Inside the prints
“Ten Portraits of Jews of the 20th Century” were created in 1980 in New York City. The silkscreen portraits on paper depict Sarah Bernhardt, Louis Brandeis, Martin Buber, Albert Einstein, Sigmund Freud, George Gershwin, Kafka, the Marx Brothers, Golda Meir and Gertrude Stein.
The portraits began as Warhol’s drawings, based on archived photographs of the individuals. He then added blocks of color, suffusing the portraits with his modern, bold, graphic style. The prints are large – 40 by 32 inches.
Warhol, who died in 1987, had a great-grandmother on his mother’s side who was Jewish. He was also close friends with Jewish painter Philip Pearlstein, whom he met in art school, Koletsky says.
The idea for the series originated with Warhol’s art dealer, Ronald Feldman, both Forbes and The New York Times reported ahead of shows featuring the prints in Los Angeles and New York City. It was also reported that Warhol didn’t choose the subjects, but Feldman consulted with Susan Morgenstein, the Jewish Community Center of Greater Washington’s art director, and that Warhol wasn’t thought to be particularly invested in the subject matter.
“What the series reflects, however, is the distinctively modern experience of knowing many famous people but rarely knowing in any depth what they are famous for,” art critic Ken Johnson wrote for the Times in 2008. “Lots of people know the name Gertrude Stein, but how many have actually read anything she wrote?”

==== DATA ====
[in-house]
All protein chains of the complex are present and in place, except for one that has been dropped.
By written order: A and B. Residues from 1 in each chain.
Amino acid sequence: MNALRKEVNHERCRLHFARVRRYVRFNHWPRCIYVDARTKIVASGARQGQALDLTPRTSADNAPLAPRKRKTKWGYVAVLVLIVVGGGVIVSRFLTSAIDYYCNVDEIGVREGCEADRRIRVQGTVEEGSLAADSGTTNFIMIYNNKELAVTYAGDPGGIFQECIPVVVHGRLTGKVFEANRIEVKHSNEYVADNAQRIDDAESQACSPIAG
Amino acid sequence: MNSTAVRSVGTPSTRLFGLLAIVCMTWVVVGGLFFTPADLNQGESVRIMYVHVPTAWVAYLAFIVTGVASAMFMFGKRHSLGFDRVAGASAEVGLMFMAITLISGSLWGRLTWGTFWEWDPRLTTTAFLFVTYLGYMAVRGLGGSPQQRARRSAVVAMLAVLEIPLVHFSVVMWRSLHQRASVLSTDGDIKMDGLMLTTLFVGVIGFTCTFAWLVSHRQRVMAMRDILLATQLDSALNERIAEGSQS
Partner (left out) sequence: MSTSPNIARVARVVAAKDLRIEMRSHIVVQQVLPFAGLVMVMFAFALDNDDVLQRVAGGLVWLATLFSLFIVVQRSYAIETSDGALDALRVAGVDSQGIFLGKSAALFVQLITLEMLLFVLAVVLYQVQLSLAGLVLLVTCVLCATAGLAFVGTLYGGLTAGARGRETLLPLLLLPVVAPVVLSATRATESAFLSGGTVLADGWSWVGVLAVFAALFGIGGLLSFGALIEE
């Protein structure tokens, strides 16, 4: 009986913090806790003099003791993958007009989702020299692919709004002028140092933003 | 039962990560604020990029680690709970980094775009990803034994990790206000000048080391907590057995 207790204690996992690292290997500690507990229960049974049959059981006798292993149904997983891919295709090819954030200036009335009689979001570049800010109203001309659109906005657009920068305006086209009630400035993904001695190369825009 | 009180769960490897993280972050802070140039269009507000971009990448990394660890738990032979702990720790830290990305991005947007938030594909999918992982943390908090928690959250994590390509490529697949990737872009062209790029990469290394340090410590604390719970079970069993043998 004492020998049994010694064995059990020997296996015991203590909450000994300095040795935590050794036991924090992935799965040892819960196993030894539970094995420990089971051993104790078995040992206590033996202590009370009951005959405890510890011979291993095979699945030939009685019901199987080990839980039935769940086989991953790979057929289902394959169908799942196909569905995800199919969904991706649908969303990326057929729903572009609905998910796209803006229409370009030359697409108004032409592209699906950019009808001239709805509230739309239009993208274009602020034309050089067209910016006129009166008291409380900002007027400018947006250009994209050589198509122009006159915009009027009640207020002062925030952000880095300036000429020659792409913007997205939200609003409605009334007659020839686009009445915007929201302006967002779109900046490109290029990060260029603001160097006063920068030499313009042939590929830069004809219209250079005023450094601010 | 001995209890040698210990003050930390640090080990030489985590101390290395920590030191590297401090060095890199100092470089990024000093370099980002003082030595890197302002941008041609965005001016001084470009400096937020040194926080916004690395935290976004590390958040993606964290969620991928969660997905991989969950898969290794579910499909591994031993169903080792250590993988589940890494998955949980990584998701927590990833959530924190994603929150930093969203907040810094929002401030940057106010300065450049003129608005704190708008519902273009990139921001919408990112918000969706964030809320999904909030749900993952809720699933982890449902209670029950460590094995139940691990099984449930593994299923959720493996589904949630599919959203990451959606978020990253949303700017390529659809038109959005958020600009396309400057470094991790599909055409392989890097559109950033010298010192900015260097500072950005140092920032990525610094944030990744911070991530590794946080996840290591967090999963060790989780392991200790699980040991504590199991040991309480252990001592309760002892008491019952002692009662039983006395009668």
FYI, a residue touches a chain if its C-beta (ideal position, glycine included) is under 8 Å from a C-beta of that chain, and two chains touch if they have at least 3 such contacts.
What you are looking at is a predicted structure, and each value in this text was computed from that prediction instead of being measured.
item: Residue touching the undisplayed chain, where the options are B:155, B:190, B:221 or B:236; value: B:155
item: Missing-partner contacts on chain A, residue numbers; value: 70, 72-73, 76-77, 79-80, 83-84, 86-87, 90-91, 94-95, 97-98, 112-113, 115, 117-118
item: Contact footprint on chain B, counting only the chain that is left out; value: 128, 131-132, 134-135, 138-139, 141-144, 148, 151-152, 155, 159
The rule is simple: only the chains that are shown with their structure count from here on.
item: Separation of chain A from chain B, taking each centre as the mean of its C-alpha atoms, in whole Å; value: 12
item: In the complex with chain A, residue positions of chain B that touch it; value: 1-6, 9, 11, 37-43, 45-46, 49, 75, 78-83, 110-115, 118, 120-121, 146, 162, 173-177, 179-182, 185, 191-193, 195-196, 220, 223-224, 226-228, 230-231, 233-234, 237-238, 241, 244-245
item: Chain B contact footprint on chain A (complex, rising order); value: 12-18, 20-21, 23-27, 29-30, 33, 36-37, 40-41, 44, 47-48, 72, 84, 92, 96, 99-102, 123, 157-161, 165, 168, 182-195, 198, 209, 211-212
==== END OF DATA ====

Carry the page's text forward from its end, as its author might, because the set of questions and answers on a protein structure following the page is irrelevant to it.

But the portraits show Warhol’s singular, undeniable talent; the series remains popular and has continued to be shown in galleries and museums.
“(Warhol) saw the world in a totally different way – and he made all of us see the world in a totally different way,” Koletsky says.
And through its own programming, The Temple is giving visitors unique opportunities to learn about who the subjects were and their diverse contributions to the world.
Megan Lykins Reich, executive director at the Museum of Contemporary Art Cleveland, and a Temple board member and Temple museum committee member, notes the portfolio represents “a major contemporary print acquisition that prominent museums across the country would desire to have in their holdings.” The works deepen The Temple’s contemporary art collection in a way that’s relevant to both religious and secular study, she says.